It is essentially a state revenue program established under federal law. The UCR requires individuals and companies that operate commercial motor vehicles in interstate or international commerce to register their business with a participating state and pay an annual fee based on the size of their fleet. This includes all carriers – private, exempt, or for hire.
International Registration Plan (IRP)
The International Registration Plan (IRP) registers your trucks to haul in every state and must be renewed annually. To register your vehicle(s) and receive your apportioned license plates and cab card(s), you must file IRP paperwork. The Form 2290 must be presented at renewal of combination plates.
The International Fuel Tax Agreement (IFTA) is a fuel tax report that must be submitted four times a year; it should cover all of a carrier’s qualified vehicles. All registered carriers must maintain records of individual vehicle mileage reports—to be summarized monthly—as well as information of all fuel bought at service stations. If your IFTA Tax return is not filed by its due date, you may be subject to interest and penalty charges.
Tax Return Reporting Quarters Due Dates
- January thru March April 30
- April thru June July 31
- July thru September October 31
- October thru December January 31
Motor carriers operating intrastate commercial motor vehicles with a gross weight of 26,001 lbs. on a road or highway in Texas must register with the Texas Department of Motor Vehicles Carrier Division. A certificate (TxDMV number) will be issued and is not transferable between carriers and registered and sole proprietors. Motor carriers can update vehicle information, renew certificate, print cab cards through the Motor Carrier Credentialing Systems (MCCS). It renews every year or biennially depending on the registration program selected.
KYU Number (Kentucky Weight Distance Tax Permit)
The KYU number is a tax license issued for the Kentucky Weight Distance Tax. If you operate vehicles having licensed weight greater than 60,000 pounds that travel through Kentucky, you must obtain a KYU Number or file the Kentucky Weight Distance Tax. You must report miles on a quarterly basis.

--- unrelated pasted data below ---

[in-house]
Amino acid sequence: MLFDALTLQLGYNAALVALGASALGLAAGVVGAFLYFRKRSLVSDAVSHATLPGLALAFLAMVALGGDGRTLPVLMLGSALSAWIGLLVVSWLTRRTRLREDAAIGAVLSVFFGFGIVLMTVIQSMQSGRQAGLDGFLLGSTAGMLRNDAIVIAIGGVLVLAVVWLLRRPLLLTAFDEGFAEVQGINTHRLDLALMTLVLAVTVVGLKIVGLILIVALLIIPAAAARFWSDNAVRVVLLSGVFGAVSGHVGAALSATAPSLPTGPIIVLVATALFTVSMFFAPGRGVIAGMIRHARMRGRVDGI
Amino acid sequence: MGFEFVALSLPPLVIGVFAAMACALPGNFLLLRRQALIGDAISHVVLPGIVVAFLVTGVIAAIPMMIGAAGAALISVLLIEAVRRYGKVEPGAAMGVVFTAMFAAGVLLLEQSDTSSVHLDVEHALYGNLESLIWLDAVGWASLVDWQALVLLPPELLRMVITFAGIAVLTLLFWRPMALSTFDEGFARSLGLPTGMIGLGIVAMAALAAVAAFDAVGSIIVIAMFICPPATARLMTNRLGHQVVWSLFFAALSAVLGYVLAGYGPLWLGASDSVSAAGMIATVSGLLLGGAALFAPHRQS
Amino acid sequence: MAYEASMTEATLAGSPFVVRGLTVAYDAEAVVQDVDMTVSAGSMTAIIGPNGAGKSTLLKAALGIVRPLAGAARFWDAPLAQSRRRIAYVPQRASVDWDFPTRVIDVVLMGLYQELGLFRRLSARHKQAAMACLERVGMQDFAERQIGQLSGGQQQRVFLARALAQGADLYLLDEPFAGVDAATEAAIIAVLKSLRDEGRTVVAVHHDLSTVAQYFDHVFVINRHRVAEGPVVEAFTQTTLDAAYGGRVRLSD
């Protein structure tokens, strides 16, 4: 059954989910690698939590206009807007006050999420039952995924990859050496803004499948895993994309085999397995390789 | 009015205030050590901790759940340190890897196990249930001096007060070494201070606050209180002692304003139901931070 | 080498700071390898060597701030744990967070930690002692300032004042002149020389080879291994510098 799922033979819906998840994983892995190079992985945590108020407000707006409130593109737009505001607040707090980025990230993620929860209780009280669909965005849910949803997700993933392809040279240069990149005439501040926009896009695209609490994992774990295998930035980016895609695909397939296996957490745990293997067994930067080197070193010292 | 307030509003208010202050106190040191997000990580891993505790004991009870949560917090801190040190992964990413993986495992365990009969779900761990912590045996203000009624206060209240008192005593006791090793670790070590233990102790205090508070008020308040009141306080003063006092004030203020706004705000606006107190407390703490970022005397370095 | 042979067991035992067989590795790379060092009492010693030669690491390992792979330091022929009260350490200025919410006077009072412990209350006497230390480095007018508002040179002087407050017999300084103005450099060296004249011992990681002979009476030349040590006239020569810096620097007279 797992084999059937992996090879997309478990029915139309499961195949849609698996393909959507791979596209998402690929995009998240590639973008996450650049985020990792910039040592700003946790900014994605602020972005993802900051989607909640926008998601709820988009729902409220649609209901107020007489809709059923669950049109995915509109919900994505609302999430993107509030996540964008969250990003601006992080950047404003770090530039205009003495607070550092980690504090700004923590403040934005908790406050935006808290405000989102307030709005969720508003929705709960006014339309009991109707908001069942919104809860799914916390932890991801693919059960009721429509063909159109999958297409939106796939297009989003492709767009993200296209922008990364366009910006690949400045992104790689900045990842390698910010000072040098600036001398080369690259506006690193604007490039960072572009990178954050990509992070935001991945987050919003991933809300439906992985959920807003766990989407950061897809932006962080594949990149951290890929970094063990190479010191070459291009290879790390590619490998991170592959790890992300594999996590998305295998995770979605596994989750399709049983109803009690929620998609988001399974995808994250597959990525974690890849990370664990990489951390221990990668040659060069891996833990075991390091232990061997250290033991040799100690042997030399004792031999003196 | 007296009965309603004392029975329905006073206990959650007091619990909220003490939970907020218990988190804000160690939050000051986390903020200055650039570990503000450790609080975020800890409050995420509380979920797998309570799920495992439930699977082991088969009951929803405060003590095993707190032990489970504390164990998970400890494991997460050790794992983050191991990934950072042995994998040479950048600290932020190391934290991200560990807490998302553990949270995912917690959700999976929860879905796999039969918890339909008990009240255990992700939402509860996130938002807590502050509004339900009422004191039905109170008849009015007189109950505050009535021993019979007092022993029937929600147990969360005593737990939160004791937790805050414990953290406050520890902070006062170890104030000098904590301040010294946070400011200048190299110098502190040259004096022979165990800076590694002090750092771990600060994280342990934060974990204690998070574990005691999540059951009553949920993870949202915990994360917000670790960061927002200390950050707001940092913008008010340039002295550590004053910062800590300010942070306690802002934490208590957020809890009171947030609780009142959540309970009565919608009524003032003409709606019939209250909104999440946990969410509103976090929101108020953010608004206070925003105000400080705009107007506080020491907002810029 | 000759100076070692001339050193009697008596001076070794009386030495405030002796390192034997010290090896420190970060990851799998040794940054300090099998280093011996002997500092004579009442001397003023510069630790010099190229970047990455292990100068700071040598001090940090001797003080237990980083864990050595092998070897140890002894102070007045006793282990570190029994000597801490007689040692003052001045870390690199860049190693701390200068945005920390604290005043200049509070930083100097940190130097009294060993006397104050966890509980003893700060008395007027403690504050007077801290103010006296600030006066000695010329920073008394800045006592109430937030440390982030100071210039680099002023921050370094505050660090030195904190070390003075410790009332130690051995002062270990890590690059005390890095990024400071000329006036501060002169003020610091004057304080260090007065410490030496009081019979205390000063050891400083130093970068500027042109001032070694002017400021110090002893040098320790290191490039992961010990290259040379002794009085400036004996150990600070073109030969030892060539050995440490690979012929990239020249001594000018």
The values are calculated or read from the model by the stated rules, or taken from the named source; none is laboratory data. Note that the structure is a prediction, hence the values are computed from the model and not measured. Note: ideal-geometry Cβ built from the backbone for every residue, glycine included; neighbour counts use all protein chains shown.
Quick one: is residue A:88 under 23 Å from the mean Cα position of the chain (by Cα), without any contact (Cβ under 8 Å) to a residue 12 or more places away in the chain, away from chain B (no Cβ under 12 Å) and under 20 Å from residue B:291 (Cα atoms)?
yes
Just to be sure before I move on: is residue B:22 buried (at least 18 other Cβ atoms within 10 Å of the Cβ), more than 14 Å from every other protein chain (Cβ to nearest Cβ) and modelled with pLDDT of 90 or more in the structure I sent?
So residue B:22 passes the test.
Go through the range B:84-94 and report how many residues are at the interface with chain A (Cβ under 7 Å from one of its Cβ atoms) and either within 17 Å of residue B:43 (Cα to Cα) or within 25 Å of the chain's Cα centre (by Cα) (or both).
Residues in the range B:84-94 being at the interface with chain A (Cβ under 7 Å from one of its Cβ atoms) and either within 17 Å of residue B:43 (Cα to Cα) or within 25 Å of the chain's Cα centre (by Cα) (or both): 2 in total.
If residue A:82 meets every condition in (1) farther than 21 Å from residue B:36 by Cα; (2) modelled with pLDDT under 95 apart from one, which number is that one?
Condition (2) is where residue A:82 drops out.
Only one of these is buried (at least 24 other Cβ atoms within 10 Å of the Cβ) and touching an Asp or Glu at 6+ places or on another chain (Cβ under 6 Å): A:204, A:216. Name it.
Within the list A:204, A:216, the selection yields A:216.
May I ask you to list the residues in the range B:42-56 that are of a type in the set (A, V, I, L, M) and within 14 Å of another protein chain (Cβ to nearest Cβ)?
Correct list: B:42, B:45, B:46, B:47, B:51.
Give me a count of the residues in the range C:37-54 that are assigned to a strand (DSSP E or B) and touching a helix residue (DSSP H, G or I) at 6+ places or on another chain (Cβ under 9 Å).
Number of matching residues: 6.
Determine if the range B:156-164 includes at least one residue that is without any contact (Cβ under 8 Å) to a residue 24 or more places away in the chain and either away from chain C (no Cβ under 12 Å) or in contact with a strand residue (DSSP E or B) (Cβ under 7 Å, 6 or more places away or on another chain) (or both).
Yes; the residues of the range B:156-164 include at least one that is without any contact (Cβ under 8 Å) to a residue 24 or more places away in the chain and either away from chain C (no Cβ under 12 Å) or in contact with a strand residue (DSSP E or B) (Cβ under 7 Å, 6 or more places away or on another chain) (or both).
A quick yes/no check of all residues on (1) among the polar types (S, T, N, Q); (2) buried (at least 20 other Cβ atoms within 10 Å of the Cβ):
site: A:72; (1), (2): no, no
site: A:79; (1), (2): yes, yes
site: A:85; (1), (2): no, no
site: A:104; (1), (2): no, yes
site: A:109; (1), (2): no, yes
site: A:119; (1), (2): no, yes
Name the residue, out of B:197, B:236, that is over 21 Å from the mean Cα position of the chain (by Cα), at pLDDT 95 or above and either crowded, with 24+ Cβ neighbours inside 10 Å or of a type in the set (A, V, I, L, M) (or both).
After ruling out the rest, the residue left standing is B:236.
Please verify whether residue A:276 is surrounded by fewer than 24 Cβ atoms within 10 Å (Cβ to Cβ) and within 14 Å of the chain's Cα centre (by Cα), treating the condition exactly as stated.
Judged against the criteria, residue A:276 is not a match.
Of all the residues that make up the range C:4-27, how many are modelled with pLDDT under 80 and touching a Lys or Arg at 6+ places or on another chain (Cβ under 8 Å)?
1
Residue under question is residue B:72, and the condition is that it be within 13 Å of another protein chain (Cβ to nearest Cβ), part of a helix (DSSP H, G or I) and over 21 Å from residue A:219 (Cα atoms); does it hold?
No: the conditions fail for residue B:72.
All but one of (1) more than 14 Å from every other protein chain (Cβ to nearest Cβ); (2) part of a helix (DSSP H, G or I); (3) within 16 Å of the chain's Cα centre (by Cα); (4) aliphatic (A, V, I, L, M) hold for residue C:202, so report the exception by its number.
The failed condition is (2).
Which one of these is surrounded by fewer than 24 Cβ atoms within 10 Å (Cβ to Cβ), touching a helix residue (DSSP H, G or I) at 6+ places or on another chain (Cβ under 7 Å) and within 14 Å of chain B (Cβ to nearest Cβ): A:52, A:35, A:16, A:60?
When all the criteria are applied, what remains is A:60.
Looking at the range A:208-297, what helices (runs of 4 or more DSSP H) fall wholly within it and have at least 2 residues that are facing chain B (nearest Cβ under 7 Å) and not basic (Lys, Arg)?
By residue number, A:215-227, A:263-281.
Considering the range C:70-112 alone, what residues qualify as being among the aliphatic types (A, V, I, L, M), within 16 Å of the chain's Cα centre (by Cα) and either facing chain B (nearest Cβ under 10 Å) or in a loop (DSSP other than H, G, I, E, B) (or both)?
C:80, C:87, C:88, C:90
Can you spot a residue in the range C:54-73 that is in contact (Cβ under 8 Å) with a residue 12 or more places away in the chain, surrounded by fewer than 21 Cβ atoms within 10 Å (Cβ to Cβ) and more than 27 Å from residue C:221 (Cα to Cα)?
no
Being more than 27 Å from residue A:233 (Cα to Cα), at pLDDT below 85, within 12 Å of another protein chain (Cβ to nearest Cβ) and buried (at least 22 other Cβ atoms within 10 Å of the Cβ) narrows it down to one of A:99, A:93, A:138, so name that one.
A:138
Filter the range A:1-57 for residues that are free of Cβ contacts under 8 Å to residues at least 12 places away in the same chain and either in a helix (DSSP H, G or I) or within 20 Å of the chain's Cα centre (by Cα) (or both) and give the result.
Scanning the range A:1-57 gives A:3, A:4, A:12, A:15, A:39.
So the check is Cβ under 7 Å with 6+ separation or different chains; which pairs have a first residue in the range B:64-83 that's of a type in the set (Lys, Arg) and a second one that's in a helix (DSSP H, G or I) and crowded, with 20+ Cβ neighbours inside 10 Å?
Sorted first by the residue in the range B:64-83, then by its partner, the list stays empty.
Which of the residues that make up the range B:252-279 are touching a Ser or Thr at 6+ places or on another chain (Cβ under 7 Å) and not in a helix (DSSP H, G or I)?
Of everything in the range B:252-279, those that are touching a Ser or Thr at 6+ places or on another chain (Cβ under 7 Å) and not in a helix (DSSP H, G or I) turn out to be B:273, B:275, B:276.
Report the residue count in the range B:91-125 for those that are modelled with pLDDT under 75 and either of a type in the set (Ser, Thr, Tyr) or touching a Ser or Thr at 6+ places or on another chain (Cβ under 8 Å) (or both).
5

Heavy Highway Vehicle Use Tax Return (Form 2290)
The Heavy Highway Vehicle Use Tax Return is a Federal Excise Tax imposed on vehicles operating in public highways with a gross weight of 55,000 lbs or more. Form 2290 is needed for new and renewal registration with Webb County Tax Assessor/Collector for combination and apportioned plates (IRP). Taxes are collected annually and used for highway construction and maintenance.
While this is a lot of information, don’t worry. We are dedicated to help you every step of the way from permits to insurance.
Insurance Best Practice
A best practice to keep you ahead in the process is to identify your units and/or equipment in advance. We will need to know if your are buying or leasing tractors, trucks, and/or trailers. If you are buying, it’s important to know the type of equipment you want so we can begin your insurance application and quoting process.
It’s also a good idea to consider the kind of commodities you want to transport and ensuring this is noted accurately during USDOT registration. Some insurance carriers will postpone quoting if the insurance application does not match the information registered under commodities for the USDOT.
If you’re hiring owner-operators, preparing a lease agreement, having it signed and ready to submit to us is imperative. It would be best to ensure any driver(s) meet the minimum experience and age requirements, as well.